They’ve searched the remains of an 18th-century frigate off the Florida coast and explored the Oahu waters that encompass the sunken U.S.S. Arizona. So you wouldn’t think that the underwater crew scouting the St. Croix River for old wing dams last week would find the job exciting or even terribly interesting.
Wrong, said Jessica Keller of the National Park Service’s Submerged Resources Center.
“Other places like Biscayne or other large national parks that we work at are ocean-based — it doesn’t really change that much,” she said. “This is quite dynamic. But it’s also beautiful.”
For much of June, members of the Denver-based diving team — along with the park service’s Midwest Archaeological Center — have been hunting and mapping the federally-protected St. Croix National Scenic Riverway south of St. Croix Falls, Wis., for wing dams built a century ago by the U.S. Army Corps of Engineers.
The dams, fashioned below the water surface with angled logs resembling jagged rows of shark teeth, are barriers that extend only partly into the river. They were designed to force the current into the river’s center to naturally develop a 3-foot-deep channel to accommodate steamboats carrying passengers and goods.
The project has two goals, said park historian Jean Schaeppi-Anderson: to find out what still exists and document it, and determine whether surviving dams are worth adding to the National Register of Historic Places.
“Once we have Jessica’s report with all her information and the research we’ve put together,” Schaeppi-Anderson said, “we’ll go to the state historic preservation offices for the two states and say, ‘What do you think? Is this something that should be preserved?’ ”
Information collected on the wing dams also will serve a practical purpose, Keller said, by helping paddlers steer clear of them.
The project, costing an estimated $20,000, is being paid for with mitigation funding built into the $676 million St. Croix River Bridge under construction south of Stillwater. The National Park Service received $250,000 from the bridge project for archaeological surveys, historic research and restroom facilities along the river; another $100,000 is going to the park service to develop a response plan for spills from the bridge.
On a recent sunny Friday, the team was preparing to don wet suits to map a rock-built closing dam at Log House Landing on the Minnesota side, and then head to Marine on St. Croix to inspect a wing dam.
Keller, juggling a sheaf of aerial river photos, explained that while most wing dams on the Mississippi River are covered in concrete, on the St. Croix they were mostly left alone when the river became recreational.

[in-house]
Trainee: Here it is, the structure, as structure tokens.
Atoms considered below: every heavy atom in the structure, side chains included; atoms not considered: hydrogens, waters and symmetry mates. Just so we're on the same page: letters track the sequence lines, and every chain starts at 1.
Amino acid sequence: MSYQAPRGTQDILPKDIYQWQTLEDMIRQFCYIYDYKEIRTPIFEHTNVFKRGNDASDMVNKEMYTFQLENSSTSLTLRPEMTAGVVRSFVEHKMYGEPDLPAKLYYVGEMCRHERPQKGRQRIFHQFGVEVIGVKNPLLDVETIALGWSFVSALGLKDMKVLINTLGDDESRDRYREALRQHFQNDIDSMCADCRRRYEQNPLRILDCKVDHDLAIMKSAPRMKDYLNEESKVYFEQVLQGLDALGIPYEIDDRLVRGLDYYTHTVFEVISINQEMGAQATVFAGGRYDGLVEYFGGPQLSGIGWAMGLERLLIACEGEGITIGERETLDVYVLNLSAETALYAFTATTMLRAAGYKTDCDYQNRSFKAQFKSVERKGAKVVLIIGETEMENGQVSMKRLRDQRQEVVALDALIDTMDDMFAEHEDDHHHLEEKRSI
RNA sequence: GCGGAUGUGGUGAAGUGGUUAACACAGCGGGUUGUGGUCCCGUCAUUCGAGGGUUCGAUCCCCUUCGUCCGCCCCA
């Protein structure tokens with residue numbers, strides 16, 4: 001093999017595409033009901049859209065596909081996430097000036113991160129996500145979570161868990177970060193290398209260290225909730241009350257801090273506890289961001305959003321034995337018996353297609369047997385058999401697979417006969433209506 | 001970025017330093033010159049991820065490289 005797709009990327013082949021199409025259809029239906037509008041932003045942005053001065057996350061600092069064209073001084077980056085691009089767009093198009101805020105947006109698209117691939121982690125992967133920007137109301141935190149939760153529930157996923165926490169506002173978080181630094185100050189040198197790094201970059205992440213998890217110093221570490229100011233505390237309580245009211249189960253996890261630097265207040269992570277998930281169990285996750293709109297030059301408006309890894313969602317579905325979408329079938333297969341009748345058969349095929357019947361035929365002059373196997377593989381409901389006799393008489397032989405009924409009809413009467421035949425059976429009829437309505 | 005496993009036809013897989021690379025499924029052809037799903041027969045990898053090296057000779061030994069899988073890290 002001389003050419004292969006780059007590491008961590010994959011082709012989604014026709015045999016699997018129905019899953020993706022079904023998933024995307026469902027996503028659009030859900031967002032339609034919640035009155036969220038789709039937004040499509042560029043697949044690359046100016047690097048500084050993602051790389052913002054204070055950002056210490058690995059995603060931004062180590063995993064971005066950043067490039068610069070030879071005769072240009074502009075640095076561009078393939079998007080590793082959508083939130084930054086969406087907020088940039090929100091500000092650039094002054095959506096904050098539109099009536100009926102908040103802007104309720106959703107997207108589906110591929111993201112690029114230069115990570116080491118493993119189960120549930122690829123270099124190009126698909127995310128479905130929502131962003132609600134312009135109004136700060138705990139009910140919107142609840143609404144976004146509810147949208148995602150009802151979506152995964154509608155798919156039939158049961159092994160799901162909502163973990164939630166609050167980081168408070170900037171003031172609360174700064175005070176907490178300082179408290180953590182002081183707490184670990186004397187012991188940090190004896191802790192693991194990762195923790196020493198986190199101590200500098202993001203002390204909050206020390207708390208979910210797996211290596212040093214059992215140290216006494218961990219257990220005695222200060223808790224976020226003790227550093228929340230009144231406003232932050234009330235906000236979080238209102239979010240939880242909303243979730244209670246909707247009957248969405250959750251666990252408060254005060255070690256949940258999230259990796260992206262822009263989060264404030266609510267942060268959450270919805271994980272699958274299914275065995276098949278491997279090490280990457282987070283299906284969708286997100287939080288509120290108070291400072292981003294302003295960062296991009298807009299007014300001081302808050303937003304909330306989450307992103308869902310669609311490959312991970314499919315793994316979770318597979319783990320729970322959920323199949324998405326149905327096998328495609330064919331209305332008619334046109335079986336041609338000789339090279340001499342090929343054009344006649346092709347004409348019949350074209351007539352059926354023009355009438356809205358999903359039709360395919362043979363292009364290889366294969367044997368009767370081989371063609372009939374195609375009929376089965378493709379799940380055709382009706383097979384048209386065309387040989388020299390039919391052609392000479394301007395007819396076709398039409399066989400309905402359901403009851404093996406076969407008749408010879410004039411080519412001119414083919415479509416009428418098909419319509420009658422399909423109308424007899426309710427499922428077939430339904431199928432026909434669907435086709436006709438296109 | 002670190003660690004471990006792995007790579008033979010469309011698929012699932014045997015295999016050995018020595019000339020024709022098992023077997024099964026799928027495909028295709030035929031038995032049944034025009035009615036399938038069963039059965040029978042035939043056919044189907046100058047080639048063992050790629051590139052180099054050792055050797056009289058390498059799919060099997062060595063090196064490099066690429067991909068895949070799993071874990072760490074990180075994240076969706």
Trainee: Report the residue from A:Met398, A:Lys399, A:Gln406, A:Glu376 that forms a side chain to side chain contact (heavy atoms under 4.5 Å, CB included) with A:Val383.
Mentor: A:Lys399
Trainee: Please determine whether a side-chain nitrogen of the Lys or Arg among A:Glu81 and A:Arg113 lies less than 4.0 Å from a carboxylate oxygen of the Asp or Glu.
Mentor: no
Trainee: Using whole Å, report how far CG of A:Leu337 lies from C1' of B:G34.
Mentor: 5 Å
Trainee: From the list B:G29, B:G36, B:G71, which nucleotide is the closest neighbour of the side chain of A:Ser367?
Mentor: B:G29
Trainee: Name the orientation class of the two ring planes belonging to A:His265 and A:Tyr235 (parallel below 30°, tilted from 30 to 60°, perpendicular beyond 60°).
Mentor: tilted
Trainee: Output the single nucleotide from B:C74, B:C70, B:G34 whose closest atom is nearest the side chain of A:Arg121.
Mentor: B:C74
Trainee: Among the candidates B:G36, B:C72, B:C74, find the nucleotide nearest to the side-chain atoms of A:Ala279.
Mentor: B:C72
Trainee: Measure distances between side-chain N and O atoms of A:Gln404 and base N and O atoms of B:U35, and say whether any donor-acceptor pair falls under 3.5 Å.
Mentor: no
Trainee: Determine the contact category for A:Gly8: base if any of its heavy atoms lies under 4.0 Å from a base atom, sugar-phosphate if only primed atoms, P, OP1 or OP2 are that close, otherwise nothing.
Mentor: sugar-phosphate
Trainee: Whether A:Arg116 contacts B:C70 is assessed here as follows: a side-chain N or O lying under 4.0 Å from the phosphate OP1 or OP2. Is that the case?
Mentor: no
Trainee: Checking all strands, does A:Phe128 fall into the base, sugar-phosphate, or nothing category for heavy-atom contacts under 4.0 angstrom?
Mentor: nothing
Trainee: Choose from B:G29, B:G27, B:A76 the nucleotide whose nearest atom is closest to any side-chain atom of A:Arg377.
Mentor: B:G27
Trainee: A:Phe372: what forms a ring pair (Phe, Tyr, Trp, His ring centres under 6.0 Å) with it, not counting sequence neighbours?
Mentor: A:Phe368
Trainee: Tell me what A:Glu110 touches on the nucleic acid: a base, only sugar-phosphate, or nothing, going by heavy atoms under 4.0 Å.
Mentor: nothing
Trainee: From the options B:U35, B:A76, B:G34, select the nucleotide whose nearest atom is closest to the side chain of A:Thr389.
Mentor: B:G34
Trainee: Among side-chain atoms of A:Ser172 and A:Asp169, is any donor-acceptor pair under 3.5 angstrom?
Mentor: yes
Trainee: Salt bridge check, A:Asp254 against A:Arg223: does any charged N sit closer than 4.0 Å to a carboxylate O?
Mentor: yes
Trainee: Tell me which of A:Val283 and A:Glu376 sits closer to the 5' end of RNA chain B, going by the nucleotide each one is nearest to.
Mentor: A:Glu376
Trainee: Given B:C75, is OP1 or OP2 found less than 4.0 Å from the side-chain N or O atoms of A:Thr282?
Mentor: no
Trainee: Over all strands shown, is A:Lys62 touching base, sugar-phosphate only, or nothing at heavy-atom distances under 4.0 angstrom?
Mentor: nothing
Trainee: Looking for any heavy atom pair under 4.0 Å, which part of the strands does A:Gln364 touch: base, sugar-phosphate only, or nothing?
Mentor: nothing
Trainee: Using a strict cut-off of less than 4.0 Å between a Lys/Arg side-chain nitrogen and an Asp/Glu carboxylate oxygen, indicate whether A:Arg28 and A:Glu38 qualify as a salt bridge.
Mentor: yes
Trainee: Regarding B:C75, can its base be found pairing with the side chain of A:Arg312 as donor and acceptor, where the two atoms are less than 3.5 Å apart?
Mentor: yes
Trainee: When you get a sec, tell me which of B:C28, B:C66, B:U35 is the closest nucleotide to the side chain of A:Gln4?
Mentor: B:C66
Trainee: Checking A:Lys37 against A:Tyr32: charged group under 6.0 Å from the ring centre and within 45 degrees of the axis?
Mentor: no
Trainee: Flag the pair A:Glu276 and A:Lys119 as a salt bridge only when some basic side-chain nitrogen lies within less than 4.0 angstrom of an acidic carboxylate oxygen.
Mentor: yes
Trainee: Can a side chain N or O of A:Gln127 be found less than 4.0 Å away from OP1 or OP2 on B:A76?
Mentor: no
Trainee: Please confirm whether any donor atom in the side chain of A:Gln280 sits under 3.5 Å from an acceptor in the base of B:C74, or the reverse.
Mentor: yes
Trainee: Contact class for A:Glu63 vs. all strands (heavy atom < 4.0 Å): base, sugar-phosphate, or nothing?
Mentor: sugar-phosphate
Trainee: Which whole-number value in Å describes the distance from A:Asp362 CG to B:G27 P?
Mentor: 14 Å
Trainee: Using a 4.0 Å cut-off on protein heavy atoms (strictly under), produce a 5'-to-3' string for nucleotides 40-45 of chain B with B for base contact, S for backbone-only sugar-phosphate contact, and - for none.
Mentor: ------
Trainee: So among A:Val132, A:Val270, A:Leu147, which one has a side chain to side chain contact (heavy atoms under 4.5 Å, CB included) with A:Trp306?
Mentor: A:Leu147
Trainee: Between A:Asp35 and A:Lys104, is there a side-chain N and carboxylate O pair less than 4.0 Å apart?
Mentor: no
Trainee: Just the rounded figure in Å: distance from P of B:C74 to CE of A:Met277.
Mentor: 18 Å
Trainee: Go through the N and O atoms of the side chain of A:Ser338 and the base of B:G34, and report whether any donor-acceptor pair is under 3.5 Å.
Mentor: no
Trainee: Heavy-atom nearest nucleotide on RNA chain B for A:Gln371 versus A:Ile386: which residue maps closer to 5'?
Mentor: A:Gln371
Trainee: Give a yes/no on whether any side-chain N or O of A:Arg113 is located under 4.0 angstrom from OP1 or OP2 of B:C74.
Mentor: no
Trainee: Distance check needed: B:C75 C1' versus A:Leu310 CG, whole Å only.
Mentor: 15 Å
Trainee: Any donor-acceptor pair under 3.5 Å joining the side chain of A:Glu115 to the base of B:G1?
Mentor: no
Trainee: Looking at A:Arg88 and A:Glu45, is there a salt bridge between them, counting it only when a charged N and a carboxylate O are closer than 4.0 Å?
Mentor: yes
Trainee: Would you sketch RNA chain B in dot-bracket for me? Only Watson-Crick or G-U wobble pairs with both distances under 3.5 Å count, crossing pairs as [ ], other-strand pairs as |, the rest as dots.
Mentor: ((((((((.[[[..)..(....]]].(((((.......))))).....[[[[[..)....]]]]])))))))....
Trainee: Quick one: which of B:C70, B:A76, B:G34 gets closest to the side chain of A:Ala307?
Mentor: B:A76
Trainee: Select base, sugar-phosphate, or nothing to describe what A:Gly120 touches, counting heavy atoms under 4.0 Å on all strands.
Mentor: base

“We’ve done a lot of dam studies,” she said, laughing at her phrasing, “but not specifically here on this river. These wing dams are unique. It’s an interesting look into the past and what people did.”
According to Schaeppi-Anderson, the Army Corps built wing dams on the St. Croix between 1881 and 1917, closing off islands and backwaters to steer the current into the main channel.
Workers cut down trees along the shore, formed layers of logs and brush and then used rocks to keep the dams in place. Much of the work was done in winter, when they could walk on the frozen river.
Over time, some wing dams were destroyed by log drives, ice or flooding, and others disappeared beneath layers of river silt. When low water in 2007 revealed several dams poking above the surface, Schaeppi-Anderson began searching for information on them. There wasn’t a lot, but some sketches and a 1937 Army Corps map locating a few of them were found.
By mid-June, the park service team had finished a sonar scan survey of wing dam sites and moved on to the documentation phase, mapping a wing dam site near Franconia Landing north of Osceola, Wis. They had discovered no wrecks, let alone pirate’s treasure or sea monsters, Keller said.
“We’ve found a lot of cans and trash,” she said. “There’s a lot of monofilament [fishing] line, actually. I got hooked with an old hook and line and was trapped for a minute.”
Some have suggested that the wing dams, not being natural, should be torn out of the river rather than preserved. But Chris Stein, the park’s superintendent, said the St. Croix has been significantly modified even though it looks natural. The wing dams are an important part of the river’s story, he said.
“Some people will tell you a wing dam is nothing but a pain in the butt — it gets in my way, my pontoon will scrape on it,” he said. “But Congress told us in the Wild and Scenic River Act that we’re responsible for protecting the outstanding and remarkable values of the riverway. These things have intrinsic value just being there.”